But before getting more deeply into what you had to offer in those areas, I'd first like to congratulate the winner: Benjamin Vogel, IT director at Protect-all Inc. Benjamin offered not only an overview of what's been tried and why it has failed, but also some firsthand experiences on an approach and product that have combined to reduce the volume of spam infiltrating Protect-all's network by 95%. Our congratulations go out to you, Benjamin, and we look forward to seeing you at the InformationWeek Spring Conference in less than four months. For those wishing to see the full version of his winning ideas, click here.
So let's first take a look at those advocating severe or even extreme punishment as a deterrent (and in some cases, I think the writers were less interested in deterrence than in retribution--the frustration reflected in many of these letters is quite palpable; this avenging category also accounted for more than 40% of all the letters you sent). Among their ideas: "...send in a U.S. Marine expeditionary force to one of their physical locations ... helicopter gunships, 500-pound bombs ... other spammers will have to determine if their despicable act is worth the ultimate price" (thank you, Patrick Heslin); "send the spammers to work and live in ...a place where there is limited technology allowed, so that they have no electricity and no computers. ... Teach them the real meaning of work" (thank you, Candy Hetzler); "...they could then be ... rushed off to that place in Cuba. We will never have to hear from them again. ... Feed the world--Soylent Green, anyone?" (thank you, Stephen Hill); "Another approach is one used by the old English Navy. I refer to fleet whippings, which involved sending the wrongdoer around to every ship in the fleet for a taste of the cat-o-nine-tails" (thank you, Norman R. Dotti); "Put them in a secured software camp where they work eight hours a day at spam-detection and intervention. Time off for creativity and keeping one jump ahead of their former cronies. These guys maybe be cowardly and malicious, etc., but they are also creative and intelligent" (thank you, Lynn Hogarth); "...make address spoofing, subject-line jumbling, subject-line falsification and obfuscation, and the addition of nonsense words in the body of an E-mail to evade spam-filtering software a felony punishable by a mandatory five-year prison sentence in a work gang in Alabama" (thank you, Scott Zielsdorf); "They will each invest five years of hard labor, 18 hours per day, seven days a week, removing the filth, Rolex-like watch pitches, Coach-like handbag offers from the mailboxes of every person, firm, corporation, and educational institution affected by their spam ... no paroles, no plea-bargaining, etc." (thank you, Kathy Scheessele); and, "The dumb terminal will display one spam E-mail message at a time, and the spammer must then delete the message using only a keyboard (no mice allowed). The spammers' 'jail time' is ... based on deleting one spam message per second over a 10-hour day. A typical sentence would be three years--I am sure after deleting that many E-mails, the spammer would be cured of any desire to spam or even look at a computer screen for quite a long time" (thank you, Jeffrey A. Romeo, who, by the way, knows a thing or two about justice: He works in information services within the Department of Justice of one of our great 50 states).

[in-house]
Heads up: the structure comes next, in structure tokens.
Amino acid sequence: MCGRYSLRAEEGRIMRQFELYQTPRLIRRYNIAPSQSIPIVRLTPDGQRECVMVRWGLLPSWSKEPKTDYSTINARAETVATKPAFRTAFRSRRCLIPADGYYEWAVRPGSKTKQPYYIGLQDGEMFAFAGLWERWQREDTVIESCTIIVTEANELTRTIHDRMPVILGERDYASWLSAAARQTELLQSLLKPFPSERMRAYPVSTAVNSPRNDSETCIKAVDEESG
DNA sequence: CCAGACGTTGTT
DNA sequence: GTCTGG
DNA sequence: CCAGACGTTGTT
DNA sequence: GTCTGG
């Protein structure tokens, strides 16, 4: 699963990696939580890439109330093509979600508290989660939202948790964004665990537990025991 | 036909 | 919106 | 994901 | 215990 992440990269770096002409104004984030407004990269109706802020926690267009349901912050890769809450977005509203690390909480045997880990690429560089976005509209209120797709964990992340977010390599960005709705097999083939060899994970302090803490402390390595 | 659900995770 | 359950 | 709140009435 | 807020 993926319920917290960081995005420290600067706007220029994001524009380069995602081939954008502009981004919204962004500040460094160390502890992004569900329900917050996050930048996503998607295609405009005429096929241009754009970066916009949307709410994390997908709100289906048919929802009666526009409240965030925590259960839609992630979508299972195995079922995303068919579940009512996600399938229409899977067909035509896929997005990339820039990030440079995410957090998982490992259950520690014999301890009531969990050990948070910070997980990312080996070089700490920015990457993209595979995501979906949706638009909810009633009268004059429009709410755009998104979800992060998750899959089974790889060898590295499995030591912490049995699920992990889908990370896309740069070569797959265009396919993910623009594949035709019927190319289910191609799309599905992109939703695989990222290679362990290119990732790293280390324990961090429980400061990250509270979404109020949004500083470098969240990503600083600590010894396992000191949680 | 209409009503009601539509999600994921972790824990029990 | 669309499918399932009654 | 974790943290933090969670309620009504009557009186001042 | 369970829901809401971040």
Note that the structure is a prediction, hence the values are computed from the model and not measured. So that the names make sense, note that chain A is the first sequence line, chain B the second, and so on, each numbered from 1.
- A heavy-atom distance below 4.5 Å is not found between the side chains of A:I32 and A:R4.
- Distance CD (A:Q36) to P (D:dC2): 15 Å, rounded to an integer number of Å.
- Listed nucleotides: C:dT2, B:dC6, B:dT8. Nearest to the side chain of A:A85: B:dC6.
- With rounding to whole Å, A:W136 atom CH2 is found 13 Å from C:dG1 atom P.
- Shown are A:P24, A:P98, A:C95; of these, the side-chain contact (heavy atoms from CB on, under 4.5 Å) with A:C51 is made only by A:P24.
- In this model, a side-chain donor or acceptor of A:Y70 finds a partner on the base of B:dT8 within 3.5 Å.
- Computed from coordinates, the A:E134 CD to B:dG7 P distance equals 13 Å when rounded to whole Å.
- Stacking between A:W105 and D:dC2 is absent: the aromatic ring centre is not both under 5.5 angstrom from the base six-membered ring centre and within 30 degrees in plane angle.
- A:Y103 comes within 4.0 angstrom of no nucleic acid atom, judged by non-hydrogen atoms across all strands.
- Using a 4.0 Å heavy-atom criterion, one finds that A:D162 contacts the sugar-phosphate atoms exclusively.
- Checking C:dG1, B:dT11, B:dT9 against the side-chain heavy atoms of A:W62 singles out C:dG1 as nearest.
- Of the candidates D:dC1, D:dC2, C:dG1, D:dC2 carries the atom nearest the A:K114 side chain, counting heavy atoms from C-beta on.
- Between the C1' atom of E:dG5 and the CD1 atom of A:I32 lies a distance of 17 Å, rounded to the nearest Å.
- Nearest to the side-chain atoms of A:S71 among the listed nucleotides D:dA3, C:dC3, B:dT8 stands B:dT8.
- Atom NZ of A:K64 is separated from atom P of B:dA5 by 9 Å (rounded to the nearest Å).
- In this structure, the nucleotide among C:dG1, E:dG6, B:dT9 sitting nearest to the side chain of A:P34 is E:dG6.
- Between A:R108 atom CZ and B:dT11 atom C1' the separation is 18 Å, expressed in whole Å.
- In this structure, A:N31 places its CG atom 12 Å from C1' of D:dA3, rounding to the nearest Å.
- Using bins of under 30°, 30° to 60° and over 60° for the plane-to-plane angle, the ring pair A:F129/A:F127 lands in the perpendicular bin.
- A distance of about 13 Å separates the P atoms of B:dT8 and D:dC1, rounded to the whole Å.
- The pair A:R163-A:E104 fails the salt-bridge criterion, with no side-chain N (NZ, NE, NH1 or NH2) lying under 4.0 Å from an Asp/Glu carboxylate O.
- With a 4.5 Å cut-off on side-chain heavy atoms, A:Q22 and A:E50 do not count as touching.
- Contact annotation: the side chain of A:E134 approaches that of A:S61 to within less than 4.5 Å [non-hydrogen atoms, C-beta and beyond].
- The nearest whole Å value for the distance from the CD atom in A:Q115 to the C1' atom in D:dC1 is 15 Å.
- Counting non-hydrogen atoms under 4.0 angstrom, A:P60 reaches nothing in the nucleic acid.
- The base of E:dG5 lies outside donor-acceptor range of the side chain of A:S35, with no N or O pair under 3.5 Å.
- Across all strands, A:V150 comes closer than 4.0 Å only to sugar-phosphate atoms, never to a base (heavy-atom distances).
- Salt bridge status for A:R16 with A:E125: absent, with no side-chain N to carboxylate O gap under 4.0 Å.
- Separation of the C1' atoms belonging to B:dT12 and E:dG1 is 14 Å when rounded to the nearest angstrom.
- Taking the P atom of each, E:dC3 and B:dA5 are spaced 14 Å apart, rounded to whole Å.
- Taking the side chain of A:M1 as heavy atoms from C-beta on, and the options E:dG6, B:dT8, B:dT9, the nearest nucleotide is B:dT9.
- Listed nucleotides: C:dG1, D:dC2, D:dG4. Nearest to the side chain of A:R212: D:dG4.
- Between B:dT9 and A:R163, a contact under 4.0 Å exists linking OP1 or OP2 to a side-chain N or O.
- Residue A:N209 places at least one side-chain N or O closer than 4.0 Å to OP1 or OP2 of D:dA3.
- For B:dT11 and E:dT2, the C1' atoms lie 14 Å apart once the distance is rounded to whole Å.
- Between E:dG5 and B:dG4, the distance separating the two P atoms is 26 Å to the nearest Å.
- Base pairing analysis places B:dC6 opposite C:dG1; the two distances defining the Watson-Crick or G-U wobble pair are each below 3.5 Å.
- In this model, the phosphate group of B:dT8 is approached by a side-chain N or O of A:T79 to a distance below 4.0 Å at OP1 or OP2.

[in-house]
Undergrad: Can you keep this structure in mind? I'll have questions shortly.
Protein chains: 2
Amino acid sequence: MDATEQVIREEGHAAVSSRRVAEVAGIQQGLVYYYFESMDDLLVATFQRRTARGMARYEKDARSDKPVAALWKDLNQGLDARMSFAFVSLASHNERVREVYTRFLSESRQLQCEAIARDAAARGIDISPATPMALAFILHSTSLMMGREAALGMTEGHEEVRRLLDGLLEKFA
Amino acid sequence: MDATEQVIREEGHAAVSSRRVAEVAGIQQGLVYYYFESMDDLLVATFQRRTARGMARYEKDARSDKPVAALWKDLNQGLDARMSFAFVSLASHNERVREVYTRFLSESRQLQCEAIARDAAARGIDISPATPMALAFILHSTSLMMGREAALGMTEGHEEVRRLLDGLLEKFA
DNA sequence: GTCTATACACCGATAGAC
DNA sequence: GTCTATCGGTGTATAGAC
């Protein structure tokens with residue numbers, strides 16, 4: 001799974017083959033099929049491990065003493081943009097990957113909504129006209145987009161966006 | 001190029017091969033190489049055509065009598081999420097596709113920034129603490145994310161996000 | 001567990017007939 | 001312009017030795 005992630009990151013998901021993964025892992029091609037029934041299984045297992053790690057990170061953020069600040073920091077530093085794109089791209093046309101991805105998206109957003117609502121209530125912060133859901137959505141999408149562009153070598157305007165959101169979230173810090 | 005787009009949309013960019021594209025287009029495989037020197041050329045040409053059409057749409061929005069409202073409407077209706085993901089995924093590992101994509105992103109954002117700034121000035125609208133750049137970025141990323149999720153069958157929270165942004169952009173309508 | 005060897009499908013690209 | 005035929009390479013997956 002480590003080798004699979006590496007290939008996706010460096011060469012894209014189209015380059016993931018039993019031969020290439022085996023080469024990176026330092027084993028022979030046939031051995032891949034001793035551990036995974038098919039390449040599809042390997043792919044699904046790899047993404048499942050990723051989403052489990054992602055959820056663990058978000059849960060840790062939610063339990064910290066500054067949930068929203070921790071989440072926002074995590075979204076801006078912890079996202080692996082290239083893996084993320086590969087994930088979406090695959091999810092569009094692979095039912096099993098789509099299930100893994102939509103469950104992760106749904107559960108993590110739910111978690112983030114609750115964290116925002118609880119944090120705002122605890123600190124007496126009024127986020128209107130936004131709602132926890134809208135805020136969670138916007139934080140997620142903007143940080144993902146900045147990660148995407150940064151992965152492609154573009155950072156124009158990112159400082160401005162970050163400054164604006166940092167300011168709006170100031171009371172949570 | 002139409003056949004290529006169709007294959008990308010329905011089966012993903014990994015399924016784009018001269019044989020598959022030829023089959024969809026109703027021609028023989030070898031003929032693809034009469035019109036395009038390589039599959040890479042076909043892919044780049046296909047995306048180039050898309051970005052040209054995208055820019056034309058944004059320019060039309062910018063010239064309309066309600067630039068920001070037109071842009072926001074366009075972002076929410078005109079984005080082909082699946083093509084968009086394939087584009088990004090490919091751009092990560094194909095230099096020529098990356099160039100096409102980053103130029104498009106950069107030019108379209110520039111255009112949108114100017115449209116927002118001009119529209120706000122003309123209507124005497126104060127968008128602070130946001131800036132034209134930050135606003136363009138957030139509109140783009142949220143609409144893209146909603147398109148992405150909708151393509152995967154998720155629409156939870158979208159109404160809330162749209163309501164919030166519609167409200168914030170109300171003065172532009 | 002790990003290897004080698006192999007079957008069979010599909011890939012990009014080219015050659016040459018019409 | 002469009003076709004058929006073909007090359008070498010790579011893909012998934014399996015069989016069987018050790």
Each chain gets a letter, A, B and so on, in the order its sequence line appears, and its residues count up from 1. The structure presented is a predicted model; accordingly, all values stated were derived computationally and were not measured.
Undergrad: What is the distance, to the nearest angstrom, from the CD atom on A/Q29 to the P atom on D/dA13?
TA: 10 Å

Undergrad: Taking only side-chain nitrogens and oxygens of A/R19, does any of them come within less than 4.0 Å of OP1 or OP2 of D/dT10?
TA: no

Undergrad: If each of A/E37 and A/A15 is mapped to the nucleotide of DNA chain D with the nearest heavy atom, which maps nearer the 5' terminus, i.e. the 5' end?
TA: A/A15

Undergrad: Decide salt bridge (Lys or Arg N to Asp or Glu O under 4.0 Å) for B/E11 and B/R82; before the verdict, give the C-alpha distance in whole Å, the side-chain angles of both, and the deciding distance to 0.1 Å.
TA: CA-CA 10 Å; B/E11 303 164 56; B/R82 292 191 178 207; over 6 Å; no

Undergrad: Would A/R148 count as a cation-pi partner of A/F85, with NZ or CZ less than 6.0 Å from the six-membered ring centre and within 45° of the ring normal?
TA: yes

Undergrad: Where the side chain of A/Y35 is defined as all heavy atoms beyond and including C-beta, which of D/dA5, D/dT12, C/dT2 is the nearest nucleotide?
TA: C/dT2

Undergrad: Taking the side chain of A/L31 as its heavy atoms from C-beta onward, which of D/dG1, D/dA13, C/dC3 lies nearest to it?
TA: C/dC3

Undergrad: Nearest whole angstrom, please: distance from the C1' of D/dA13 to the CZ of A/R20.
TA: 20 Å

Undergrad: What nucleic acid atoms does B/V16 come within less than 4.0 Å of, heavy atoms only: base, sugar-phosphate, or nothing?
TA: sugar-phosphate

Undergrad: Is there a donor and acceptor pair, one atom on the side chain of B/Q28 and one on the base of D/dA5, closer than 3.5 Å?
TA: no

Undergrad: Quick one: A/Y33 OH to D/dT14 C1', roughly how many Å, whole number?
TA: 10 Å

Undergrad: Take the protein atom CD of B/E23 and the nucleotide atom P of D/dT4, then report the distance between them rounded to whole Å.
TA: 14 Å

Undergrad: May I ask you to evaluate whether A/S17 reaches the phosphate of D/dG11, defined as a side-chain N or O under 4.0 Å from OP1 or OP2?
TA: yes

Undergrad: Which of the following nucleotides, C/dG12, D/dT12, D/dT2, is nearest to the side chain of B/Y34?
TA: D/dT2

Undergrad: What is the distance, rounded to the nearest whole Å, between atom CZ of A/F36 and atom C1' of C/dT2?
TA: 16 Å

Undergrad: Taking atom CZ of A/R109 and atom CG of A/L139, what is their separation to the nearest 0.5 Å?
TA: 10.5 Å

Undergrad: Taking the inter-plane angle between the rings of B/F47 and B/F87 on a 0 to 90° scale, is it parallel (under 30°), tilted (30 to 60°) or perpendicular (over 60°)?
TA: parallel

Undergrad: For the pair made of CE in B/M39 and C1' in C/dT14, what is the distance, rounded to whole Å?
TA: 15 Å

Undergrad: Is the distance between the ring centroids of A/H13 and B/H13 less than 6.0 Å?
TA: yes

Then we have those who believe technology is the only approach to take: "I believe spam will be a problem until we dump SMTP E-mail in favor of a new XML-based messaging system. Businesses are doing incredible things using Web services. E-mail needs to become such a service" (thank you, Ken Gregg); "Would it be conceivable to adapt the OSI mail engine, X.400, to TCP/IP and evolve it in the same way? As I remember, X.400 had a number of features to assure that the sender was traceable" (thank you, Jim White); and then three remarkably similar variations of a single simple theme: first, "Isn't there a way to send a reply message to the spammer saying that the address is no good?" (thank you, James A. Olson); second, "...an E-mail tool that simply returns the message to the source, with a header that says something to the effect of, 'not interested.' If every E-mail provider built this capability into their E-mail software, it wouldn't take long for spammers to be inundated in their own filth" (thank you, George Archibald); and third, "Instead of servers just filtering and dropping spam out of E-mail, send each unwanted message back to the spammer with a message, 'Returned to Sender.' ... It would give the spammers a taste of their own medicine and hopefully flood their systems in direct proportion to the amount of spam they generate" (thank you, Bob Bucciferro).
Other strong ideas involved forcing ISPs to be responsible for what's pumped through their networks, forcing the makers of the stuff that gets advertised to police their channels or assume liability for the spamming, raiding the physical sites of spammers and confiscating their computers, and abstinence: "Do not (under any circumstances) buy their products! They will stop if their costs are higher than their revenue!" (thank you, Carl Edmunds). And, again, all of your ideas--the ones advocating education, and all the others proposing one or more of these solutions, can be found here.
But hey--enough about spam. At this holiday time of year, please accept from all of us at InformationWeek our best wishes to you and your family for a Happy Hanukkah, Merry Christmas, Happy New Year, or whatever other celebration you'll be enjoying. And may 2005 be your best year ever!